LifeStance Health Group (LFST) – On Its Best Behavior
LifeStance Health Group (LFST), which debuted last month, is the largest outpatient mental health platform in the United States. The company operates a hybrid model of delivery by offering patients the option to receive care in-person or through a virtual setting. In JPMorgan’s initiation note, they point out that the mix of in-person and virtual care visits stands at roughly 50/50.
The company estimates the current total addressable market for the outpatient mental health space of $116B. With LifeStance reporting $377M in 2020 revenue, this points to a significant runway for growth and share gains. According to the National Institute of Mental Health, there are an aggregate 51.5M individuals in the U.S. living with some form of mental illness. According to the same study, only 23M received mental health service.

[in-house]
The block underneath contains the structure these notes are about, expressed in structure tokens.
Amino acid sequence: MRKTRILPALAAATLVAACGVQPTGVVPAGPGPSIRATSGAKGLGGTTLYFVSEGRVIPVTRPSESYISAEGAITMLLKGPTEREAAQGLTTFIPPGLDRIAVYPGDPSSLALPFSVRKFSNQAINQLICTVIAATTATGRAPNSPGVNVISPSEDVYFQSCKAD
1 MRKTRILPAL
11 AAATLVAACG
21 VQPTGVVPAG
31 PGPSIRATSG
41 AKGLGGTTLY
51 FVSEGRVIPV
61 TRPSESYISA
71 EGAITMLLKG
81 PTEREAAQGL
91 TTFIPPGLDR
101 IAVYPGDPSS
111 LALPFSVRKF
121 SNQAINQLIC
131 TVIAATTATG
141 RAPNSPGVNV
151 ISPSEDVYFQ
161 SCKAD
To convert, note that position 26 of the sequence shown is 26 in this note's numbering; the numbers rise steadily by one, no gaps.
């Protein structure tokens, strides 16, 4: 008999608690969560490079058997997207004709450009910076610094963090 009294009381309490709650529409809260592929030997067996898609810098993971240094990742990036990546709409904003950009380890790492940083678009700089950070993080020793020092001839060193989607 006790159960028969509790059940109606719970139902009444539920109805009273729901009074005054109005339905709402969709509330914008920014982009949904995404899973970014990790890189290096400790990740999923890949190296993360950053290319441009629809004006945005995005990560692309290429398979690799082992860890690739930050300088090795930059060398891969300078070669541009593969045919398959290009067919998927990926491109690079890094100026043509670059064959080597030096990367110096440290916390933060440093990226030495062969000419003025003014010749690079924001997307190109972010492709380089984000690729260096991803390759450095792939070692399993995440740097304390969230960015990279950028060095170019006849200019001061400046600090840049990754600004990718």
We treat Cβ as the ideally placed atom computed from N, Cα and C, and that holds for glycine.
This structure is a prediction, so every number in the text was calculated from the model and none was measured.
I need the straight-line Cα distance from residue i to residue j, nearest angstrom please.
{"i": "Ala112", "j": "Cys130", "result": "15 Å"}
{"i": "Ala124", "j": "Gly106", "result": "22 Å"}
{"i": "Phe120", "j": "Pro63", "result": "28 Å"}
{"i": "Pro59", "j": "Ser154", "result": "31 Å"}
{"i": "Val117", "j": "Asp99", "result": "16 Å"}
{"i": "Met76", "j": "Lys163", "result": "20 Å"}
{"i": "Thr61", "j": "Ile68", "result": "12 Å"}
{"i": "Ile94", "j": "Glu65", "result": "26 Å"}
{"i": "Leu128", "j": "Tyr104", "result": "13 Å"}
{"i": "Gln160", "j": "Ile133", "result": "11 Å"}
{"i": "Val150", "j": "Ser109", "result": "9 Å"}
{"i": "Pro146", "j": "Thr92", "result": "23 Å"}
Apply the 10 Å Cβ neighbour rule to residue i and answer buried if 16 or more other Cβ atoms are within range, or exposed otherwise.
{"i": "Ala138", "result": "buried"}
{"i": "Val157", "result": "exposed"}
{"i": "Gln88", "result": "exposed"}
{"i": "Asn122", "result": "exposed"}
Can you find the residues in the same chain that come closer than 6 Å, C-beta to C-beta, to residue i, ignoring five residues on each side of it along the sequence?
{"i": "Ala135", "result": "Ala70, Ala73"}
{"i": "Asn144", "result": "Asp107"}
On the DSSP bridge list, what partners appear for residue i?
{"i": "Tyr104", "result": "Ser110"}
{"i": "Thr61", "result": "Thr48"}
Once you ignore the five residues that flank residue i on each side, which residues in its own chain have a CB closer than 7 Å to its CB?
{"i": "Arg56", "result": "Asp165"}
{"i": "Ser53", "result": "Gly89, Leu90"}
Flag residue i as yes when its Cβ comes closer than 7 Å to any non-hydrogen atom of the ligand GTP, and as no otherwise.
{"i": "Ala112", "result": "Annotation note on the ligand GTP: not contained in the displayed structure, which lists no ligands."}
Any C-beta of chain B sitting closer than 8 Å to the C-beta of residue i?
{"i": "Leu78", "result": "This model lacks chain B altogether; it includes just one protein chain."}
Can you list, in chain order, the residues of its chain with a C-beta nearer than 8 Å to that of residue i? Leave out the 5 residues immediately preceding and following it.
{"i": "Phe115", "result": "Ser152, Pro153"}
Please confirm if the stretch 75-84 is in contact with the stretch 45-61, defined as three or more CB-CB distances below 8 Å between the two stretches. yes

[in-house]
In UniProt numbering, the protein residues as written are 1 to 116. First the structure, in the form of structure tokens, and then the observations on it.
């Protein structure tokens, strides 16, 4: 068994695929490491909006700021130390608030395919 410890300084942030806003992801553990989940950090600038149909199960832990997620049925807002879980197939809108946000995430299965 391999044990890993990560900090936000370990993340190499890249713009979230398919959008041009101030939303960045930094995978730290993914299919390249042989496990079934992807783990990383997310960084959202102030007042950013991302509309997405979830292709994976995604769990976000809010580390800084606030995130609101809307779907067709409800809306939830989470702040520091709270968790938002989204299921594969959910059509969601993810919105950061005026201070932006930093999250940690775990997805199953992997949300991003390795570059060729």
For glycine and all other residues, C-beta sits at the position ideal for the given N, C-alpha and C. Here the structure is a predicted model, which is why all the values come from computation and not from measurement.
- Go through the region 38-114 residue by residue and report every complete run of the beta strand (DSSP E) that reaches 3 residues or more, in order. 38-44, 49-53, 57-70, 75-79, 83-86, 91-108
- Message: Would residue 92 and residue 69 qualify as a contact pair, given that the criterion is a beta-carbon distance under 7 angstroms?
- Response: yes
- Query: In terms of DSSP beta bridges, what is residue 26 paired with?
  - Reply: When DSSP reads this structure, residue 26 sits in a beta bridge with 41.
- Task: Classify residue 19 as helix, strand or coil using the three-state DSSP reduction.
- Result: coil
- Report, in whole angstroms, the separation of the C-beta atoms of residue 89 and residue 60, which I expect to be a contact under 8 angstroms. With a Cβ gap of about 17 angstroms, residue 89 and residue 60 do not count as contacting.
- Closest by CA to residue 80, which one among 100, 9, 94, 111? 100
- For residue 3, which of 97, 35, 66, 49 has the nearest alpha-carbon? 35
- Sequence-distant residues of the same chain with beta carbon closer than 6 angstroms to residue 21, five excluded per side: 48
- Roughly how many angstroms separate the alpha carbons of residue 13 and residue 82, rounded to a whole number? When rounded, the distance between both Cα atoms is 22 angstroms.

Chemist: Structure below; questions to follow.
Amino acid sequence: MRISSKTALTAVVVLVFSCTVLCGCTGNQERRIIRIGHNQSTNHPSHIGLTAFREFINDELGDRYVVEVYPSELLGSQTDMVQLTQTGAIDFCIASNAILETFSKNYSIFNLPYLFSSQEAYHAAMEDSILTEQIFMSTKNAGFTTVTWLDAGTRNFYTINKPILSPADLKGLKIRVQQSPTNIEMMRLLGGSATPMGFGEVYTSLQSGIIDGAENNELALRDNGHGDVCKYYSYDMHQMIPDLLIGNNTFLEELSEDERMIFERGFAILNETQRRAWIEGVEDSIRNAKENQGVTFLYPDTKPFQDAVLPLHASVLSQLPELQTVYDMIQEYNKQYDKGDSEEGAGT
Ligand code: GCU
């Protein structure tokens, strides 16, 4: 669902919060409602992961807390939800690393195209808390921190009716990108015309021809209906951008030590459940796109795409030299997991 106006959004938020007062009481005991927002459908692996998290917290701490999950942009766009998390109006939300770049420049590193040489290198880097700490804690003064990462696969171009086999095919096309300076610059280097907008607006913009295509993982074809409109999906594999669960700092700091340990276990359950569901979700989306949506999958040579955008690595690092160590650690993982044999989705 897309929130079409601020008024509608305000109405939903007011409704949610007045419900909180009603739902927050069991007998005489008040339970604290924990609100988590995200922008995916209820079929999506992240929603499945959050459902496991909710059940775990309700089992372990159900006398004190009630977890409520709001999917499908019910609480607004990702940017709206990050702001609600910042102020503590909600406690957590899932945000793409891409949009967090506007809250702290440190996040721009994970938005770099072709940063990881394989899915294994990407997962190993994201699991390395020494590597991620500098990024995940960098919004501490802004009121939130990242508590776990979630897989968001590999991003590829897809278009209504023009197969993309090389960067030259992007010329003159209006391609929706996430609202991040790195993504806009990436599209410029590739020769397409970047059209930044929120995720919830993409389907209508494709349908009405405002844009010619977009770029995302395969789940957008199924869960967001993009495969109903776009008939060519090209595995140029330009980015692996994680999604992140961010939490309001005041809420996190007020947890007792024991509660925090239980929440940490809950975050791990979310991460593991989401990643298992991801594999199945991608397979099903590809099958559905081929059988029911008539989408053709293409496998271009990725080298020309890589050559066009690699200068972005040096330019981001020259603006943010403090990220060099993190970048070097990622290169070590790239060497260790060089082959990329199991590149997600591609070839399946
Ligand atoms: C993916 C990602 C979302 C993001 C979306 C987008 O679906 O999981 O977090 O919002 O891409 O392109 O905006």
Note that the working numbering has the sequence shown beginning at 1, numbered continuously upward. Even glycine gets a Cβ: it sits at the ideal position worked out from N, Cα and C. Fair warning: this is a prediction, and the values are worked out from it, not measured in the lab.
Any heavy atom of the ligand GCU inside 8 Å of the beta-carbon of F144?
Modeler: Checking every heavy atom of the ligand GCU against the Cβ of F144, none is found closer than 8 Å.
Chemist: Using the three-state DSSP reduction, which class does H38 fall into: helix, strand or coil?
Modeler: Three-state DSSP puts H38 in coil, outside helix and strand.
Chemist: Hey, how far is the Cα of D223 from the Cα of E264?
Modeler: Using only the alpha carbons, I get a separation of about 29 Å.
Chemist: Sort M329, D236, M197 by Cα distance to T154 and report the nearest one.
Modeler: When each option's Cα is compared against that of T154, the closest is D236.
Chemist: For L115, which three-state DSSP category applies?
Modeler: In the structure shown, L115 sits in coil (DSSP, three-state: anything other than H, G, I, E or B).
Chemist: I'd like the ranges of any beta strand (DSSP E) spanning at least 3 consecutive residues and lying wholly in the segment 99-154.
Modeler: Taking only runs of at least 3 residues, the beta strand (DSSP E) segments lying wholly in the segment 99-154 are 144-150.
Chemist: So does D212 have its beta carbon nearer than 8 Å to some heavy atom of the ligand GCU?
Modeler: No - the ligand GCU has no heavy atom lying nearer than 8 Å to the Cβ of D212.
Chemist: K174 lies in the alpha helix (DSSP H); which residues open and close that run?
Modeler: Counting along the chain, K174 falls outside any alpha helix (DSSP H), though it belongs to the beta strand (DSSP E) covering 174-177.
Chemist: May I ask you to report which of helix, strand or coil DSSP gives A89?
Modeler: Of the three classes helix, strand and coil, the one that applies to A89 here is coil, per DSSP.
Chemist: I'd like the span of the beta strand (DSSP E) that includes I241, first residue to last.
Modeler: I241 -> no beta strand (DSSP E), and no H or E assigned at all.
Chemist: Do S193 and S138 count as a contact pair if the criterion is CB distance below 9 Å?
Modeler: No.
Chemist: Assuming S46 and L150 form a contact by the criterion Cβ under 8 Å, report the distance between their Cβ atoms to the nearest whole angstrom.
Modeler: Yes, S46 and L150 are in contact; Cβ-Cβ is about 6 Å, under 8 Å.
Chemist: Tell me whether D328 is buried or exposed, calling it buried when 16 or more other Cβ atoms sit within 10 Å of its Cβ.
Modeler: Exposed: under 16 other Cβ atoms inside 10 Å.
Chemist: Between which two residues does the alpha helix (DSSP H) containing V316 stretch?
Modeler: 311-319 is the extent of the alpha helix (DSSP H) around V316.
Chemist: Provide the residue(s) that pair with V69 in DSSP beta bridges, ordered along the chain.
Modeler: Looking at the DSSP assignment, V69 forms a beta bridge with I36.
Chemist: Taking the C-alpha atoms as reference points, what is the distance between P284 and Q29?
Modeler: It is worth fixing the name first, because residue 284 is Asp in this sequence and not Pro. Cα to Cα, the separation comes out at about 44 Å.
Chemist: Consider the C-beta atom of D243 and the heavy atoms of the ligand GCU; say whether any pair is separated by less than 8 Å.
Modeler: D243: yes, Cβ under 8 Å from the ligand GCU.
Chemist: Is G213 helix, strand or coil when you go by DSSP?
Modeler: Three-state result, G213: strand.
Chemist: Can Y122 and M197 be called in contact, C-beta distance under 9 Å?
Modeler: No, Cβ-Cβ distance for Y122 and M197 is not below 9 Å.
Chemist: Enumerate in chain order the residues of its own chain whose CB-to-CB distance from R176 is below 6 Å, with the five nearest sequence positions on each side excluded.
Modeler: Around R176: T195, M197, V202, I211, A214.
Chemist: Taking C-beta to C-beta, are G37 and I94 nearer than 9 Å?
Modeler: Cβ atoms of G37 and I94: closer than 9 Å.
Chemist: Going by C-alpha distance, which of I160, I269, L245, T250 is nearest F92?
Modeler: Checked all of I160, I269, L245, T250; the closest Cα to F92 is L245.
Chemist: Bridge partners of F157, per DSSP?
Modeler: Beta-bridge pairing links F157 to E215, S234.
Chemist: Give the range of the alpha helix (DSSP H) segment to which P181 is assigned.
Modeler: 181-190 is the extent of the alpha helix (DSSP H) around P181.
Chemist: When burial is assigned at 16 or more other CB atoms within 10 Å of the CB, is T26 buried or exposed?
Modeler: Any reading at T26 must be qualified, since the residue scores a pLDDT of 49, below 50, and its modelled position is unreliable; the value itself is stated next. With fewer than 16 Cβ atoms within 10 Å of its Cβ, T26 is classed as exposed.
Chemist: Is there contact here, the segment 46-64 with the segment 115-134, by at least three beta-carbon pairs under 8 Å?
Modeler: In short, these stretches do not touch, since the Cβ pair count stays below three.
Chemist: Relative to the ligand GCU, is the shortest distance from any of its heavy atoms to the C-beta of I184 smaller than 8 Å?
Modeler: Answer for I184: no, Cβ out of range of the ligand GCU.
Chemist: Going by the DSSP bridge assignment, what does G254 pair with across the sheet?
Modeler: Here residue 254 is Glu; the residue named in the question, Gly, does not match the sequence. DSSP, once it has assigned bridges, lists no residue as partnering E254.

As mentioned, the company’s model consists of in-person treatment and virtual care. As it relates to in-person treatment, LifeStance’s clinicians are comprised of psychiatrics, APNs, psychologists, and therapists through both wholly-owned as well as affiliated practices. Since inception, in addition to bringing on clinicians via acquisition, the company has hired 1,746 clinicians and highlights their retention rate of ~87% (compared to an industry average of 77%). These clinicians provide a mix of psychotherapy and psychiatric care for all ages across patient demographics. The conditions treated include: Anxiety Disorders (social anxiety disorder, panic attacks and obsessive compulsive disorder), Mood Disorders (depression and bipolar disorder), Personality Disorders, and Psychotic Disorders (schizophrenia).